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Master of Arts (M.A.)
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This thesis examines the changing perceptions of Vietnam’s landscape and the Vietnamese in the eyes of American troops throughout the Vietnam War. Throughout the late 1950s and early 1960s, the Vietnamese were depicted as a people misguided by the French and in need of political mobilization by the American media and government. Following heavy investment and a rigged election in 1956, South Vietnam was painted as a beacon of democracy in Southeast Asia and an example of what American aid is capable of. As an increasing American military presence was being established in South Vietnam in the early 1960s, American troops were reminded by pocket books and other forms of American propaganda that South Vietnam was a land of dignity and respect. At first, troops were shocked by the beauty of the landscape and recalled that Vietnam did not look like a war-torn country at all. Yet as the land became increasingly devastated due to defoliant and numerous bombings, the perceptions of the Vietnamese took a turn for the worst; eventually being subhuman and deceptive. Vietnam’s landscape became perceived as a land of death where youth was expendable. However, less than a decade after the United States had pulled out of Vietnam, veterans and those affected by the war begin to return in mass numbers constituting the largest population of Americans in Vietnam. This resulted in Vietnam’s landscape, which was seen as a land trap-laden wasteland, being seen a place of healing with a beautiful people that Americans helped save.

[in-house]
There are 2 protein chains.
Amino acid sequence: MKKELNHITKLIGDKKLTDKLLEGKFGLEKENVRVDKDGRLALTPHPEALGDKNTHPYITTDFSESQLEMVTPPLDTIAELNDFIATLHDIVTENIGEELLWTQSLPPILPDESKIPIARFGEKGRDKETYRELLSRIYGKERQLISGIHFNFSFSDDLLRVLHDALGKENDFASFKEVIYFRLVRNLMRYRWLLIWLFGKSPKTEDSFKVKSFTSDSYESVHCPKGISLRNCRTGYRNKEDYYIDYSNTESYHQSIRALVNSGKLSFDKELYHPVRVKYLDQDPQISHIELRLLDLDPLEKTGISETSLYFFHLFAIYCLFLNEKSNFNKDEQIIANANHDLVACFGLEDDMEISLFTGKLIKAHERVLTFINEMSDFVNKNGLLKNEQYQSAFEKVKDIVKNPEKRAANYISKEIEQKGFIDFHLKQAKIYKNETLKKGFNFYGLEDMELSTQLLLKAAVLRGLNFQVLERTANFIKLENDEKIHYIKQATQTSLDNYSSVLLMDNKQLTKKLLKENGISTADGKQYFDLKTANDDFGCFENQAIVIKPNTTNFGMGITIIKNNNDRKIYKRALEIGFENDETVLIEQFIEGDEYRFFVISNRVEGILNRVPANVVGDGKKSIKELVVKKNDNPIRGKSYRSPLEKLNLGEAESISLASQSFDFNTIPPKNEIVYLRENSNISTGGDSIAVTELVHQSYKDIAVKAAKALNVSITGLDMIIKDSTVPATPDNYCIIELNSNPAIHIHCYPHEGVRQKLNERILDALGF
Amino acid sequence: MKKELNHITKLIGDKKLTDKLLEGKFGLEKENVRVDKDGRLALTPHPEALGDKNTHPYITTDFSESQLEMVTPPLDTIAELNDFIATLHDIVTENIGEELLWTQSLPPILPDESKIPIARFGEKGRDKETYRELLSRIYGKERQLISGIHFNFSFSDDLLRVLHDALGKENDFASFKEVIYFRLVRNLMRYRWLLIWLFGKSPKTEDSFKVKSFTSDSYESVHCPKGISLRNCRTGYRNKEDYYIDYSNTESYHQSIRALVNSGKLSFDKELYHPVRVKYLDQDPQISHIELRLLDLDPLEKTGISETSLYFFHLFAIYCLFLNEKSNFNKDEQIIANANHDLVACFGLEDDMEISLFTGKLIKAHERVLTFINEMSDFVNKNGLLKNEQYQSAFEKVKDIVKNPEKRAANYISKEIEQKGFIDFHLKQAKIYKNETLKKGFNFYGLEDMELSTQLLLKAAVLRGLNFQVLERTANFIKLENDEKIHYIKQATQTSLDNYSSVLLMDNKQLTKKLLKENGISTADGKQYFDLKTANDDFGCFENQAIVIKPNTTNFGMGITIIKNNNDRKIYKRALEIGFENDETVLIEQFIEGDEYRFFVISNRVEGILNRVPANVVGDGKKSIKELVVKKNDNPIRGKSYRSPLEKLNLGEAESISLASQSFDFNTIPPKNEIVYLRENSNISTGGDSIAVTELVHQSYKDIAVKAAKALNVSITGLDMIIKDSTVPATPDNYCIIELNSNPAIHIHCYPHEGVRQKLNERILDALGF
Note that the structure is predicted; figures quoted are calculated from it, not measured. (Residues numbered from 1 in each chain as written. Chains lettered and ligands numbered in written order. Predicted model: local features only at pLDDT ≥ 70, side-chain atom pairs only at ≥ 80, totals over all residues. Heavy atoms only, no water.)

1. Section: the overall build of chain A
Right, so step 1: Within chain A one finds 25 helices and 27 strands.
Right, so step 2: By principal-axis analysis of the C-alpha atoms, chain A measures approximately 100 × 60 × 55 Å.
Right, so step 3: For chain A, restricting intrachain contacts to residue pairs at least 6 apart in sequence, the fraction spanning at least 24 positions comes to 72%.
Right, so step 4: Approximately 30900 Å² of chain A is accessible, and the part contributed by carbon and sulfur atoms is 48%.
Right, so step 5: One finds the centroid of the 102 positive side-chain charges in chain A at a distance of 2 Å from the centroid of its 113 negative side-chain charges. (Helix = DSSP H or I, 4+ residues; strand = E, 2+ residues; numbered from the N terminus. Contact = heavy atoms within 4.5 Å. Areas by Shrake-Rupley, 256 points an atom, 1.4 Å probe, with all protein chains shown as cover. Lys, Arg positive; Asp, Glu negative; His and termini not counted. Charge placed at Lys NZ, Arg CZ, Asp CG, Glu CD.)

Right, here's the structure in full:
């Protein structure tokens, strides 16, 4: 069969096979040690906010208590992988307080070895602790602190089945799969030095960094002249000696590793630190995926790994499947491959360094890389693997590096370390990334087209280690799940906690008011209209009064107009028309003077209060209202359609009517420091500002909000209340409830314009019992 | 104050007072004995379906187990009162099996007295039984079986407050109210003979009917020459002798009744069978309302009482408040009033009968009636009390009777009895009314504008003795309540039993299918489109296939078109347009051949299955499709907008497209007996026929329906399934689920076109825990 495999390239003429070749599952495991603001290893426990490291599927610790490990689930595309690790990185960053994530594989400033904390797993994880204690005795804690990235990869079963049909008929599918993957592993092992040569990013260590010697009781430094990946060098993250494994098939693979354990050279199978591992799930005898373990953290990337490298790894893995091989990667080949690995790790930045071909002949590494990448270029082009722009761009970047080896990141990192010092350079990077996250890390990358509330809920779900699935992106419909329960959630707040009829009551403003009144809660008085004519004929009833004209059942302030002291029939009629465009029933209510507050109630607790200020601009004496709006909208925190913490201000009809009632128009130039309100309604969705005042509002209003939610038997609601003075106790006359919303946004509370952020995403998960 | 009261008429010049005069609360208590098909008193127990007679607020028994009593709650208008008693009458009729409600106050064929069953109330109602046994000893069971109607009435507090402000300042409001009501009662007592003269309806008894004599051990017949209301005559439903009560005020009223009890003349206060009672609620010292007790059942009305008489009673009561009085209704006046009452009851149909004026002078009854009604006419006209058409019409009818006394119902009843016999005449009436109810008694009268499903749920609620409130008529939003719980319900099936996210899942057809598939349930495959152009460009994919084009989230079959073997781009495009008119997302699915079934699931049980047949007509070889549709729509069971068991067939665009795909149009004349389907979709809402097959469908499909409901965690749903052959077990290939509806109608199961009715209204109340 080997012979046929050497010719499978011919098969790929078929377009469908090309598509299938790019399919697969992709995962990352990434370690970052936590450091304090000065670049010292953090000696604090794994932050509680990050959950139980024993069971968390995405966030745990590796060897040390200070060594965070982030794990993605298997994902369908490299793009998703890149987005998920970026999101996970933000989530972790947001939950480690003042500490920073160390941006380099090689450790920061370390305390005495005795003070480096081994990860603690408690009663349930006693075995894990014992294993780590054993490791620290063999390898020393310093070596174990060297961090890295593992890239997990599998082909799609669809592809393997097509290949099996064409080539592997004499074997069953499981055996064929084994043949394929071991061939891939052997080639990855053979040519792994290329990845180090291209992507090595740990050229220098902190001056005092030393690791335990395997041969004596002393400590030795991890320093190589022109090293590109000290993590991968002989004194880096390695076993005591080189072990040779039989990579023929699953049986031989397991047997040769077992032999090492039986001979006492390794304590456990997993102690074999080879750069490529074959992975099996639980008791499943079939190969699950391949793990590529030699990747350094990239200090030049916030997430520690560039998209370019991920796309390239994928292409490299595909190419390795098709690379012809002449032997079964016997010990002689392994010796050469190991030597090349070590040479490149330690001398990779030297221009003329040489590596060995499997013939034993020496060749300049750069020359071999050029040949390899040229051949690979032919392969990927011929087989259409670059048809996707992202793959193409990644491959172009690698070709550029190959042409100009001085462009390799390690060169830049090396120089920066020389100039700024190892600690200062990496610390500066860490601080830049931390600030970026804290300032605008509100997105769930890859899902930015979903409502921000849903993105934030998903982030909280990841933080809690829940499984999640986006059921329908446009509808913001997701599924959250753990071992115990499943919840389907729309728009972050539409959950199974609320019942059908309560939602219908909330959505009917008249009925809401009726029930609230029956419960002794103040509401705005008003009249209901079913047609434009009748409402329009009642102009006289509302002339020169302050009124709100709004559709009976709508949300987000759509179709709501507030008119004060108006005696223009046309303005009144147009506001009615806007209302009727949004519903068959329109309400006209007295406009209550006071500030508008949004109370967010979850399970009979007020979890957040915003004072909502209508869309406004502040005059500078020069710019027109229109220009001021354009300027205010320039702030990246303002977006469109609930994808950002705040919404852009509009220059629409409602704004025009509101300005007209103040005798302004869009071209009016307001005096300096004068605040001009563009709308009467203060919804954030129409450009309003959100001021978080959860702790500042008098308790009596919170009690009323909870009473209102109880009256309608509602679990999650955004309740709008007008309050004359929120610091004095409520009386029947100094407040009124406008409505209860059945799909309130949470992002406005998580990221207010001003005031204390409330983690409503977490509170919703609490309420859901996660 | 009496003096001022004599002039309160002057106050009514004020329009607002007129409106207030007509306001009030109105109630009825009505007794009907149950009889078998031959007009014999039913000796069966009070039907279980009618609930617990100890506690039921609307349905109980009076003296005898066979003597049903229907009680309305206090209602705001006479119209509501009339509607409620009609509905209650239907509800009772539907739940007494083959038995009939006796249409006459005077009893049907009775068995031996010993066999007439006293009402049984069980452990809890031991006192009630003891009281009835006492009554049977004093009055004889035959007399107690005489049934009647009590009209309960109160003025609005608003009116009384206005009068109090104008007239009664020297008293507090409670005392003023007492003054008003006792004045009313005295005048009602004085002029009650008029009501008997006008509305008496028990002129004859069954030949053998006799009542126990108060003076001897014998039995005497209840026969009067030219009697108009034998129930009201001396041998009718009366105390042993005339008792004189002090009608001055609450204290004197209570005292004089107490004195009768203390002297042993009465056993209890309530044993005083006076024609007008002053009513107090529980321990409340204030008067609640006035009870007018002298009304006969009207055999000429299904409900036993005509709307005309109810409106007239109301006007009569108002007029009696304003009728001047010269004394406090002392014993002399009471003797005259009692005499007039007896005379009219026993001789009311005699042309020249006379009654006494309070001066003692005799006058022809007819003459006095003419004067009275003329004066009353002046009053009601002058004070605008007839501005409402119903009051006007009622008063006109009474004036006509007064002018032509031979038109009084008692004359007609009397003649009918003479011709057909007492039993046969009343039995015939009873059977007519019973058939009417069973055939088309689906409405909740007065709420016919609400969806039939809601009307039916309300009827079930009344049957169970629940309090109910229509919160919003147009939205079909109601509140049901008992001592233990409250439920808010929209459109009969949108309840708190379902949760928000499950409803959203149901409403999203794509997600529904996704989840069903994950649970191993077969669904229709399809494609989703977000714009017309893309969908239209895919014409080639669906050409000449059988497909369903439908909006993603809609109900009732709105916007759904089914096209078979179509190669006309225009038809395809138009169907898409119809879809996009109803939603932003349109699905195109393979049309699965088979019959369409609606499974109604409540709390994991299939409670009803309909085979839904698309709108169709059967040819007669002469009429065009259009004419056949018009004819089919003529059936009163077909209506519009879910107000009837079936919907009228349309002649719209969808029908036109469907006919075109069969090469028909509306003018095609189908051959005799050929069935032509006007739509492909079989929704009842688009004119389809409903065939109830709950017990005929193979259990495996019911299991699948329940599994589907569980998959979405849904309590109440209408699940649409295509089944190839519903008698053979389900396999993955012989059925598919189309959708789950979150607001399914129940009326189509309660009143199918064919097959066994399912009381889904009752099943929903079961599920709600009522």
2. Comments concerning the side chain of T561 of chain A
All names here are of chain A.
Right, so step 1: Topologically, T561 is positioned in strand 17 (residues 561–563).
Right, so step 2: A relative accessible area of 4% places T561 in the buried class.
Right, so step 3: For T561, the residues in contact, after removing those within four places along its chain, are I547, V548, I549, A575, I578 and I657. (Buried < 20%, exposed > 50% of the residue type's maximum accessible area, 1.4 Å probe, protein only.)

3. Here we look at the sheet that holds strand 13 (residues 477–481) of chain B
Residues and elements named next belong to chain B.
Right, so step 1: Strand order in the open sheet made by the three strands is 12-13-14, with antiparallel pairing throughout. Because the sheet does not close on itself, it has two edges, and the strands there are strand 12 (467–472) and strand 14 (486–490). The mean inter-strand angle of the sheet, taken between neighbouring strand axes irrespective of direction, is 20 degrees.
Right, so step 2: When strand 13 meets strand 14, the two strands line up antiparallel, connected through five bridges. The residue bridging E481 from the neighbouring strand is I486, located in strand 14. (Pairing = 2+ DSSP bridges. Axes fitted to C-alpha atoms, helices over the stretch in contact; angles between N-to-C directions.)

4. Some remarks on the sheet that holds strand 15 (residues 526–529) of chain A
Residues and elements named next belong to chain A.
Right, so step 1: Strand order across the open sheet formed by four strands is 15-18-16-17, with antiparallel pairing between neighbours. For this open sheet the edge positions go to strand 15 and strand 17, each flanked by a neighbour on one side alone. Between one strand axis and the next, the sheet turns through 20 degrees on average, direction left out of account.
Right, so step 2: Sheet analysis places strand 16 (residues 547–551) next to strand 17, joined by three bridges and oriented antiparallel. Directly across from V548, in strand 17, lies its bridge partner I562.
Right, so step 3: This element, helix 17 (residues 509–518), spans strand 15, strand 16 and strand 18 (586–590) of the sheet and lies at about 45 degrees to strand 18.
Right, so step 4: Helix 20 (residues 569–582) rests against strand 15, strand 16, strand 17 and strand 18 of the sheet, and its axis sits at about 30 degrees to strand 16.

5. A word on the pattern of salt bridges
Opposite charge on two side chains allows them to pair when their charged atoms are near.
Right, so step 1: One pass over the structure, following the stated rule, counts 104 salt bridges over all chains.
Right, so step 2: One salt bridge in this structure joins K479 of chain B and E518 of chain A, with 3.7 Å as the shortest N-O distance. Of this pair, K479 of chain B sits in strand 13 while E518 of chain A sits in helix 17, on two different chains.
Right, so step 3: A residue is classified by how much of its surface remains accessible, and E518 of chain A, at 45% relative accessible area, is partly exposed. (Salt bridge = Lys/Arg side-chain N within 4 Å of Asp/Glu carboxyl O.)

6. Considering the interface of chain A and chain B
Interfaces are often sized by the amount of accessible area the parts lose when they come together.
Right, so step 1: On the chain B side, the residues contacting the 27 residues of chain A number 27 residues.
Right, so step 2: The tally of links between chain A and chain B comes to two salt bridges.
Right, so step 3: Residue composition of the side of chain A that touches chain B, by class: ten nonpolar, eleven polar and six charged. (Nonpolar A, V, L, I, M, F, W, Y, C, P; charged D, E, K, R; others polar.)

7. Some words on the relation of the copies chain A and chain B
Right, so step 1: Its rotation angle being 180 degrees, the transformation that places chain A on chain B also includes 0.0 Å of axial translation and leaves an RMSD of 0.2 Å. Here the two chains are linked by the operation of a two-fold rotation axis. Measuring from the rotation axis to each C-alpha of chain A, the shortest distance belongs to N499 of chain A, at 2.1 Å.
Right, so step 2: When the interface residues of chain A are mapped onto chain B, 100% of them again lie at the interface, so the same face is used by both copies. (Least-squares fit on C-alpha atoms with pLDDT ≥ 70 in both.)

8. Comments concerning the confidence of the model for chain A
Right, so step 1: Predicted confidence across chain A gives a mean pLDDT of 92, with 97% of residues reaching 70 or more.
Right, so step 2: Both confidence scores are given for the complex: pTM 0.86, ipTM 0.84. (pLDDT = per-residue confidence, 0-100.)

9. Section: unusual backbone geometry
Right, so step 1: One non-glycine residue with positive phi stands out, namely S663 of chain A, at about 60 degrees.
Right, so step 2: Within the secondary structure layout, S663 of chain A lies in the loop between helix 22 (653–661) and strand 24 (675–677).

Herrera, Matthew M., "AN EERIE JUNGLE FILLED WITH DRAGONFLIES, SNIPER BULLETS AND GHOSTS: CHANGING PERCEPTIONS OF VIETNAM AND THE VIETNAMESE THROUGH THE EYES OF AMERICAN TROOPS" (2015). Masters Theses. 199.